TAMPA, Fla. -- One foot in front of the other, one step at a time, just keep going – that’s how Tampa Bay Buccaneers vice president of player personnel John Spytek powered through his deepest pain and processed his debilitating grief -- by slipping on a pair of running shoes at 4:30 every morning and thinking of his little girl.
“I think about her a lot, when it gets hard,” said Spytek, now in his sixth season with the Buccaneers and 18th in the NFL. “I have a tattoo of her on my chest, and I just kind of touch it … I look up at the sky. I always feel like with some of the harder runs … it’s a spiritual connection. She’s kind of present, in that moment with me.”
Her name was Evelyn Grace, and she’d be almost 9 years old today. He’ll blow kisses towards the sky at her Sunday when he crosses the finish line at the New York City Marathon -- a race he can participate in because of the team’s Week 9 bye. He will run in her honor at 9:55 a.m., along with seven teammates, to raise money and awareness for the National CMV Foundation that he and his wife Kristen started.
Also known as cytomegalovirus, CMV belongs to the same family of viruses as the chickenpox, herpes simplex and mononucleosis and is transmitted via saliva and bodily fluids. It is the leading cause of viral birth defects in the United States. It affects one in 150-200 babies, with one in five facing lifelong health problems.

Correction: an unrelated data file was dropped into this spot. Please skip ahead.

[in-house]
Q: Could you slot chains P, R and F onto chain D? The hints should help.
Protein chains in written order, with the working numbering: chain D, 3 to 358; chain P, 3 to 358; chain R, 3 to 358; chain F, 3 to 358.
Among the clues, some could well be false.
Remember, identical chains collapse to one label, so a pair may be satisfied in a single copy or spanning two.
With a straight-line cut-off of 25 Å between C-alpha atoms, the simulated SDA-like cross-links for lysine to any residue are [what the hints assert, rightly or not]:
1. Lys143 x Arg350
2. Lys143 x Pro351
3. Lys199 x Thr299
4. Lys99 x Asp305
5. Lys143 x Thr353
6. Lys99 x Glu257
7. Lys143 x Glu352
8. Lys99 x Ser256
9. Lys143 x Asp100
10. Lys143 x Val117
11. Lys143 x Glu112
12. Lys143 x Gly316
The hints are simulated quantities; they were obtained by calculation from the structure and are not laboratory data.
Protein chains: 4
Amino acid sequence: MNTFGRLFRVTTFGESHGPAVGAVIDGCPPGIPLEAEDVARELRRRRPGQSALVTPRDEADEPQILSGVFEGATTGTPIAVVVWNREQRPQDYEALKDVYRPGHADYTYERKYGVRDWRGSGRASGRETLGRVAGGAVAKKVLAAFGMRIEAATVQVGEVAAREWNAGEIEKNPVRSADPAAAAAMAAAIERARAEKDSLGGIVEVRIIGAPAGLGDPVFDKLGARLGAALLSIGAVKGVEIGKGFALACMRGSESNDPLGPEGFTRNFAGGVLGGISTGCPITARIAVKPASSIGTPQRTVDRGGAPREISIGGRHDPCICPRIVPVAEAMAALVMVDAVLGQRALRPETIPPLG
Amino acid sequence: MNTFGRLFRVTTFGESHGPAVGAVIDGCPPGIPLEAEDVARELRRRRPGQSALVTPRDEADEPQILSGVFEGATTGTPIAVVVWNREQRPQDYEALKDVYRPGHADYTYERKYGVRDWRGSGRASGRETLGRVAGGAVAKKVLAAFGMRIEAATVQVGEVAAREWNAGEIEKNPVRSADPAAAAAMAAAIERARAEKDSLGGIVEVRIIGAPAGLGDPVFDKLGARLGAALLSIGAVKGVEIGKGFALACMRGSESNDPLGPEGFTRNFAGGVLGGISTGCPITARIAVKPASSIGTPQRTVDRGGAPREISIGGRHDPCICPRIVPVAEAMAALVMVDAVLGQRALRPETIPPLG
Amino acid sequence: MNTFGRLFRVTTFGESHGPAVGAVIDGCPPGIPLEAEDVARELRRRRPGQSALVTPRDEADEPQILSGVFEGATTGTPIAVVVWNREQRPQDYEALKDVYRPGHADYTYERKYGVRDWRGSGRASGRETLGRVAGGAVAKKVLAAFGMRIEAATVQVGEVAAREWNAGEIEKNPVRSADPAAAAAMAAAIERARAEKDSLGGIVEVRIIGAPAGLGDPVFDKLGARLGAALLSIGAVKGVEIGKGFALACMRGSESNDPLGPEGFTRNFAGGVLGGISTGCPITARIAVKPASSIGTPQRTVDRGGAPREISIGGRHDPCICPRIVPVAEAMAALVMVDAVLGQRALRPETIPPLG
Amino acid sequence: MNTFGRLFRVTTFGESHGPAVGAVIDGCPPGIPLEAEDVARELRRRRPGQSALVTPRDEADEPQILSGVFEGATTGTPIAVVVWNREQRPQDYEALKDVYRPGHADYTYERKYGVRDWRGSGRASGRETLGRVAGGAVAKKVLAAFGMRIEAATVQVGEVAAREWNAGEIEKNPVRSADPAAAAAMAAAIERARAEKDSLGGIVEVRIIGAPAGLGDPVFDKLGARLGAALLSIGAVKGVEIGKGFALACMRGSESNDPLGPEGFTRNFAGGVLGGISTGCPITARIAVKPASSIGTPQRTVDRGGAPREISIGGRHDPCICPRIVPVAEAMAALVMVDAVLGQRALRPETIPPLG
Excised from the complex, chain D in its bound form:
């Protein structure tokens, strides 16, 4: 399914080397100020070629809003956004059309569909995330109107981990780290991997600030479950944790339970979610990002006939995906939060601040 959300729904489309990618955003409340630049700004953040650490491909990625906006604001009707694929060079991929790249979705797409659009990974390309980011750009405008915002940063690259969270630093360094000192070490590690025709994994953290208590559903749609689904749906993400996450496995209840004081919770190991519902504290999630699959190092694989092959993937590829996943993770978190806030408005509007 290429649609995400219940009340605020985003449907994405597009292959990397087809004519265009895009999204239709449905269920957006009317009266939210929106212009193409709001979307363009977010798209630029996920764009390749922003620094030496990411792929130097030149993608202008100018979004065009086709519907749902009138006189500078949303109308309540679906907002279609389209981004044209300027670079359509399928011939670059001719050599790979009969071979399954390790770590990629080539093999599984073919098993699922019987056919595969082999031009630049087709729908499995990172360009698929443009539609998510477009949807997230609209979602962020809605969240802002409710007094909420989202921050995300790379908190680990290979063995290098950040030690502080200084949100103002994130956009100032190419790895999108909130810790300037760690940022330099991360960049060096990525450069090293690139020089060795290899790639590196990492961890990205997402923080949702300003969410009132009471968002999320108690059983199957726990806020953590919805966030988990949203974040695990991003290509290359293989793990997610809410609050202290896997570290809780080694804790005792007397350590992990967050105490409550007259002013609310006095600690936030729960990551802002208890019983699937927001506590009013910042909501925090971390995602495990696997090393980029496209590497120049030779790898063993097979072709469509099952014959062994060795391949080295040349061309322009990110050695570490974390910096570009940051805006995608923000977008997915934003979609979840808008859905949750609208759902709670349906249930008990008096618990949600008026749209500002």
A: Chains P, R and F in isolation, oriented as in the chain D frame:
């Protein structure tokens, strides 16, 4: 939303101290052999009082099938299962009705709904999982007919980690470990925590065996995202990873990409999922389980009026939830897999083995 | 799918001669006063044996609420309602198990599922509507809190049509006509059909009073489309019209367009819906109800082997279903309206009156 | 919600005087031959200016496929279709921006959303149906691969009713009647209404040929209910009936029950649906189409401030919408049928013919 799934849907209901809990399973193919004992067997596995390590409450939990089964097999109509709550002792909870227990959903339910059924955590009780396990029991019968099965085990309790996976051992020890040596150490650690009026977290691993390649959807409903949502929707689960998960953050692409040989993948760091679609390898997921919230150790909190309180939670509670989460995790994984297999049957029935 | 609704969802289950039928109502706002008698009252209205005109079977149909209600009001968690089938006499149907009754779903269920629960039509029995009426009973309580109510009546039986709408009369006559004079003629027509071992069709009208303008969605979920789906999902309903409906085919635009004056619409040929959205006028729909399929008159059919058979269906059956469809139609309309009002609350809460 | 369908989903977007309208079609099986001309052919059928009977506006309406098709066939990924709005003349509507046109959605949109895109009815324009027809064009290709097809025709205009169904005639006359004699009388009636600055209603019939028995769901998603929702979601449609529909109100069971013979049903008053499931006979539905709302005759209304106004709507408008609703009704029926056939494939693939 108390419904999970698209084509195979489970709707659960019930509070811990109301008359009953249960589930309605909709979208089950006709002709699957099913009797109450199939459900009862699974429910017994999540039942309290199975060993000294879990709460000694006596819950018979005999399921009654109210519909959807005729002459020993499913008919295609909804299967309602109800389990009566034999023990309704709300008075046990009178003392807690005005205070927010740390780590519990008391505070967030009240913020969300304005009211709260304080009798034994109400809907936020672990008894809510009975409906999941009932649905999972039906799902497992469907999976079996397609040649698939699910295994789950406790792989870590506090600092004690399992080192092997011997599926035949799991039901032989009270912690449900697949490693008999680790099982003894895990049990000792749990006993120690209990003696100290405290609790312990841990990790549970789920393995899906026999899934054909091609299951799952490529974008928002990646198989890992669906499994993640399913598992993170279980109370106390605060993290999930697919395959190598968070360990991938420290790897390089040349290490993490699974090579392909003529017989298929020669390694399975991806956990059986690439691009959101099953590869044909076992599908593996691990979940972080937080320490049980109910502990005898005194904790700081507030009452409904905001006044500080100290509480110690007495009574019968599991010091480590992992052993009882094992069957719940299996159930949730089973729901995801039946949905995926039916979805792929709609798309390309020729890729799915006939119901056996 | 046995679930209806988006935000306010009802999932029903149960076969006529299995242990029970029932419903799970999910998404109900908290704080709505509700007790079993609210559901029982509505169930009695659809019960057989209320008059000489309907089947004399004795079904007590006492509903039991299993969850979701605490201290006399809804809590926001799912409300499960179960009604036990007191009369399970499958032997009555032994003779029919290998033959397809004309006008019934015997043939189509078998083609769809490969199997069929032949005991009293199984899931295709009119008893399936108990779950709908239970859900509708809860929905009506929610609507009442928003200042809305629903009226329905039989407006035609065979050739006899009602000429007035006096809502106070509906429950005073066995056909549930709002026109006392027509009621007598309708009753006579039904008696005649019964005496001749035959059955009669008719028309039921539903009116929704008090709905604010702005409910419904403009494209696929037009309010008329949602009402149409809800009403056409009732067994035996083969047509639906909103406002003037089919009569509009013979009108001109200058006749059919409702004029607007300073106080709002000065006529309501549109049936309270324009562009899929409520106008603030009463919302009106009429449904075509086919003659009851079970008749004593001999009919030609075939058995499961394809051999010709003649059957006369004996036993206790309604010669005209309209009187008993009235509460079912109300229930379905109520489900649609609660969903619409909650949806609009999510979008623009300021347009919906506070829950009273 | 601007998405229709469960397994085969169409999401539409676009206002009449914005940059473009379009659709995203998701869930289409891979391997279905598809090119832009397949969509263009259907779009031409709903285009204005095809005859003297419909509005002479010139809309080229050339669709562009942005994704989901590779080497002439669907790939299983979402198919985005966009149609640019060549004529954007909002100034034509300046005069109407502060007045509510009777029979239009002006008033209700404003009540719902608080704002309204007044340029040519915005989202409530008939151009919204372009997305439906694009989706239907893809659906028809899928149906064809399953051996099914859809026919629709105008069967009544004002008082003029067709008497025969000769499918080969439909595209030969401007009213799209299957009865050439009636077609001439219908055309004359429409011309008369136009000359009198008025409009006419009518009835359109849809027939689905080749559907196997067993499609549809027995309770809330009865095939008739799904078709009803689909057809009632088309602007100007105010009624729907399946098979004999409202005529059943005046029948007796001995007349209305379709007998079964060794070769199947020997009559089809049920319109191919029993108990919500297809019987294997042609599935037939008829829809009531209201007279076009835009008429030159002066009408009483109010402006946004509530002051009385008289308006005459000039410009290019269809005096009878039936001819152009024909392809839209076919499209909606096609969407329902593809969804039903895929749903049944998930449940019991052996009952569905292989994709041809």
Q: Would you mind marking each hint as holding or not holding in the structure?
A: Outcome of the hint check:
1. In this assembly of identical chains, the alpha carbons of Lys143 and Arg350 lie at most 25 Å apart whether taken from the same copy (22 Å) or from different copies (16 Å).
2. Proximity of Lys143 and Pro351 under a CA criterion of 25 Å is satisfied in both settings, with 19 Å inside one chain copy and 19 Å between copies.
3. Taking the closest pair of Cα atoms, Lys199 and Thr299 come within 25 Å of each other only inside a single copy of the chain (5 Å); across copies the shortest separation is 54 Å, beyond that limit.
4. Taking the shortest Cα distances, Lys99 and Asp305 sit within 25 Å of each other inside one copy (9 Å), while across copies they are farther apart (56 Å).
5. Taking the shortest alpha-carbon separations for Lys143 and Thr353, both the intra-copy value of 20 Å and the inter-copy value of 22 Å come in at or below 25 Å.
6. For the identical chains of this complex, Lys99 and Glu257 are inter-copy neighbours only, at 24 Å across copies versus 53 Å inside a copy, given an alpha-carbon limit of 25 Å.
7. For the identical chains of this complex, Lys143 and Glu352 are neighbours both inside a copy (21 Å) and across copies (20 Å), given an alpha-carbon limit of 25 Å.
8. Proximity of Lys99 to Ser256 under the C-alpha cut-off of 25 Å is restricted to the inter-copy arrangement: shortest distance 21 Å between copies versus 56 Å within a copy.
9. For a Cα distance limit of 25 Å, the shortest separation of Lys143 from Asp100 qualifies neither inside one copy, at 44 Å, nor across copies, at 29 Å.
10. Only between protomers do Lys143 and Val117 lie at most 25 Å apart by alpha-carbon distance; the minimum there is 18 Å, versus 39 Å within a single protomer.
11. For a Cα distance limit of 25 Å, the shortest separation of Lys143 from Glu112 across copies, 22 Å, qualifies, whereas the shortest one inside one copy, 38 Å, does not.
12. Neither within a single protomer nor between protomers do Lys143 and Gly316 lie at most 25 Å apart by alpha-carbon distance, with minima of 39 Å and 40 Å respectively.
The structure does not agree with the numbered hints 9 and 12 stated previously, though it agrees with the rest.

While common among healthy people -- 50-80% of adults have had CMV by age 40, which presents as cold and flu-like symptoms -- it can lead to devastating consequences for pregnant women and their unborn children. That’s what happened with Evelyn, who died seven years ago next month.
“I just think about ... her hardest moments were much harder than my hardest moments,” said Spytek, who has raised $25,000 for the race, with many donations coming from his Buccaneers coworkers.
“It’s really humbling to have all their support. It’s not like the most common thing.”
‘Nobody ever mentioned it could be an infectious disease’
Spytek was working as director of college scouting with the Cleveland Browns when Kristen was 34 weeks pregnant. The Spyteks were at a routine ultrasound for their first-born when doctors noticed their baby’s bowel was higher than normal, an indicator of possible birth defects. Genetic screening provided no answers.
“Nobody ever mentioned to me that it could be an infectious disease of any kind,” Kristen said.
The only time Kristen had ever even heard of CMV was doing a Google search. It wasn’t until their daughter was born two weeks later, weighing 3 pounds and 14 ounces, that they had a diagnosis: congenital CMV.
Evelyn was deaf in both ears, her vision was significantly compromised and she had epilepsy, causing her to suffer from seizures. She also had microcephaly, meaning her head was smaller than expected.
The Spyteks were overwhelmed. There was no case manager and no support team ready. Not to mention, Spytek lost his job two months later.